The Naked Gun was translated as ‘Grab it however you can’ (Agárralo como puedas)

According to some sources, a naked gun is a gun attached to a cowboy’s belt for a quick draw. We’re not saying that it was easy to convey this in the translation of Leslie Nielsen’s slapstick comedies, but ‘grab it however you can’ has absolutely nothing to do with the original title. At least in Argentina they called it La Pistola Desnuda (The Naked Gun).  

The Parent Trap was translated as ‘You to London and I to California’ (Tú a Londres y yo a California)

The original 1961 comedy and the 1998 remake with Lindsay Lohan both have this geographical spin that has nothing to do with the original title, even though ‘La Trampa para Padres’ was a no-brainer. Oh well, at least they didn’t call it Operación Cupido (Operation Cupid) as it was named in Latin America. 

Here are a few more honourable mentions of weirdly wonderful English-to-Spanish movie title translations: 

Ice Princess (2005) was translated as ‘Dreaming, dreaming…I succeeded at skating’ (Soñando, soñando… triunfé patinando)

Trumbo (2015) was translated as ‘Return with Glory’ (Regreso con Gloria)

Harold and Kumar Go to White Castle (2004) was translated as ‘Two Very Stoned Nutters’ (Dos Colgaos muy Fumaos

Braindead (1992) was translated as ‘Your mum has eaten my dog’ (Tu madre se ha comido a mi perro)

Beverly Hills Ninja (1997) was translated as ‘The Fighting Sausage’ (La salchicha peleona)

Unbreakable (2000) was translated as ‘The Protected’ (El Protegido)

Fast and the Furious (2001-2023) was translated as ‘Flat Out’ (A todo gas)

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¡Salud! The different ways to say cheers in Spanish

You may be familiar with the basic way Spaniards say ‘cheers’, but there are other Spanish expressions and habits associated with clinking glasses and making a toast that you’ll be happy to learn.

¡Salud! The different ways to say cheers in Spanish

Life in Spain comes with plenty of get-togethers and celebrations, and although alcoholic excesses are not generally part of the Spanish culture, booze will be a part of almost all social occurrences.

If you’re a foreigner who’s made Spain their new home, it’s therefore important to familiarise yourself with the language and idiosyncrasies that are part of such occasions.

Let’s start with the word for a toast, in the sense of honouring someone or something with a drink.

The noun for this is un brindis, which apparently originally comes from the German ‘bring dirs’, meaning ‘bring thee’ (as in, I’ll ‘bring thee’ a drink, a speech, etc.). There’s also the verb brindar, which means to toast.

So if you want to give a toast in Spanish, you should start off by saying me gustaría proponer un brindis por… or me gustaría brindar por… (I’d like to make a toast for) and once you’ve finished your speech you should raise your glass and for example say ¡Por los novios! (for the newlyweds) or ¡Por Juan! (for Juan!).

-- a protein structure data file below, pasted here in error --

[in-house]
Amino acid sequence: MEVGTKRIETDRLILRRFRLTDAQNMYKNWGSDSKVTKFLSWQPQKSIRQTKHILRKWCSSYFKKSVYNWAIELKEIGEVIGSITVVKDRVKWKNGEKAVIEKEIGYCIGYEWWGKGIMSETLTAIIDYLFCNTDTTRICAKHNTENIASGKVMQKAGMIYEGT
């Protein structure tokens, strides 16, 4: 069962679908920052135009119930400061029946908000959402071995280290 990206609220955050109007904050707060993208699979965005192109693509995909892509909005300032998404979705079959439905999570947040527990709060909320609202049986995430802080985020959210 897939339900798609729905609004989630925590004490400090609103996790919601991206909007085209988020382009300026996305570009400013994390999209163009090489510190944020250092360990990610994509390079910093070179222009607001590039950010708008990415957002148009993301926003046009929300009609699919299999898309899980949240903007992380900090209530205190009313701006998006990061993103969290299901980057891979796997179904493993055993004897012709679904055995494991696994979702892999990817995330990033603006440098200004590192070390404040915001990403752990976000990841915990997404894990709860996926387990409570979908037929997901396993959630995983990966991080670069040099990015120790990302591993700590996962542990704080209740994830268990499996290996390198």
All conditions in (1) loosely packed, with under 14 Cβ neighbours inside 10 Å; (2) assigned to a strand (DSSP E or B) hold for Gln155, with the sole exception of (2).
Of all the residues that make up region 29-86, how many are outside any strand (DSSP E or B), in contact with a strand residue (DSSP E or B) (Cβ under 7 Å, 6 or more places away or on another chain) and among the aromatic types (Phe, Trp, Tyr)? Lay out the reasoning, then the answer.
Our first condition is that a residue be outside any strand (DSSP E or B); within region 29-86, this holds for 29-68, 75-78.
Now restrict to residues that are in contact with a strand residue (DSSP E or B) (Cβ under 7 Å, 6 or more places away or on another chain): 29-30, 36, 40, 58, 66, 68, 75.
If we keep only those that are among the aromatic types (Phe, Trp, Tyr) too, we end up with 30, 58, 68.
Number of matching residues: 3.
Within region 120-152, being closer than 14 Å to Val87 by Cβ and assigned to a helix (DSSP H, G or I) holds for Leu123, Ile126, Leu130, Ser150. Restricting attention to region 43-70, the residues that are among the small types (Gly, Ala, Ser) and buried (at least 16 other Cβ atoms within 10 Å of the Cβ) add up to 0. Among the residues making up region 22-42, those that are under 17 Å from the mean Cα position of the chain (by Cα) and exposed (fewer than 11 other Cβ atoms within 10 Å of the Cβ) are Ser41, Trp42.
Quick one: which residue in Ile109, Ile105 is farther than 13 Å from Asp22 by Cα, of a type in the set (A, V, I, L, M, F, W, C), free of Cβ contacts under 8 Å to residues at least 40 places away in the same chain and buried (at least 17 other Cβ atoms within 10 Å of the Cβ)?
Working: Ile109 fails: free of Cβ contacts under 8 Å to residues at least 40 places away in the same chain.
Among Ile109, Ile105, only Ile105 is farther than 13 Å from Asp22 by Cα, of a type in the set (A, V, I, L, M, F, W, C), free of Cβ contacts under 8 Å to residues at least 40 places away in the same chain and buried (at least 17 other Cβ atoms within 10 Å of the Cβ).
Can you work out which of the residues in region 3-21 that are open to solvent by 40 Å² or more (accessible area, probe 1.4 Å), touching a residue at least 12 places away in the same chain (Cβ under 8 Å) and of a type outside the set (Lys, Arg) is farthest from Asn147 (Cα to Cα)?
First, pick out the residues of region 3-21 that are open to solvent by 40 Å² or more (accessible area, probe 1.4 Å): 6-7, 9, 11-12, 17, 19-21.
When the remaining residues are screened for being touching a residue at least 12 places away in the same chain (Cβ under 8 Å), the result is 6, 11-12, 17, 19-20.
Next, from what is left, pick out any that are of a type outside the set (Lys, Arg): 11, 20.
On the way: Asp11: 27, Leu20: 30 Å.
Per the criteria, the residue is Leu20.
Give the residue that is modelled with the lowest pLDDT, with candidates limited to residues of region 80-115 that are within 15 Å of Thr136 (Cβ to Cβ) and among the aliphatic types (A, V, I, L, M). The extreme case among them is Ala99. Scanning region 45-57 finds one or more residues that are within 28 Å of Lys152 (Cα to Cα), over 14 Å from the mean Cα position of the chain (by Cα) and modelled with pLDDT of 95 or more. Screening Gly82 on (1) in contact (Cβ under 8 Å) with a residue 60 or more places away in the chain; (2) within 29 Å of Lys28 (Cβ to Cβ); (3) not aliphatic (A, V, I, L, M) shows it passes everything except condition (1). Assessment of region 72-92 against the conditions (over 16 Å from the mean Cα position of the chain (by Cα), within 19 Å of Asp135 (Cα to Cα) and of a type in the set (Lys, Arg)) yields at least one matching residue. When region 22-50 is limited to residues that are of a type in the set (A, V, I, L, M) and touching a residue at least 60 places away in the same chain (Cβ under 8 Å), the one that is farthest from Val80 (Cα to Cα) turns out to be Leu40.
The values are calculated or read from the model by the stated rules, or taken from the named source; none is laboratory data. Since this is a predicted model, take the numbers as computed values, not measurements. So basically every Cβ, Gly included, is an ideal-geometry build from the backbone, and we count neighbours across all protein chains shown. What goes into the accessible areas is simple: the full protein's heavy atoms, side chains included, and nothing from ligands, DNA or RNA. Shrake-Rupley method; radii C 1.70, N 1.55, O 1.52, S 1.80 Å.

When it comes to clinking the glasses, Spaniards will often use the interjection chinchín, an onomatopoeia which pays heed to the sound, but it’s really the same as saying cheers.

The most common word used in Spanish to say cheers is ¡Salud!, which means ‘health’, in the same way as the French say santé and the Germans gesondheid. Spaniards may also direct their toast specifically at the person they’re drinking with by saying ¡A tu salud! (To your health!). 

You may be happy to learn that Spaniards don’t take the custom of looking into the other person’s eyes while clinking glasses or drinking quite so seriously as in other European countries, where the failure to do so carries the penalty of seven years of bad sex (ouch!).

A quick glance at the person you’re cheering with will go down well, however, as direct eye contact is the standard in social situations in Spain.

READ ALSO: Why does the birthday person pay for everyone’s food and drinks in Spain?

What is considered to bring bad luck in the bedroom is toasting with a non-alcoholic drink in Spain, so consider yourself warned.

Catalans have an interesting version of the Spanish cheers – ¡salut i força al canut! – which translates to ‘Cheers and strength to the purse’ in order to wish health and wealth, although some people wrongly assume it’s meant to wish people good virility.

While we’re on the subject, there is a very common cheering expression used in Spanish to do with rumpy pumpy.

After cheering, whether by raising a glass or clicking glasses, many Spaniards will then take their glass and quickly place it down on the table before lifting it again to take a swig.

Bemused foreigners will then be reminded that el que no apoya, no folla, ‘the one who doesn’t place it (the glass) down, doesn’t have sex’.

Does it make it any sense? Nope, but it does get a few laughs, and before long you’ll find yourself quickly tapping the base of your drink against the table through force of habit.

Another interesting habit that foreigners in Spain tend to find amusing is when a group of friends in a circle move their glasses in four different directions whilst saying ¡Arriba, abajo, al centro y para dentro!, which means ‘up, down, to the centre and inside’, the latter being when you drink.

So there you have it, ¡Salud a todos! (Cheers to everyone!)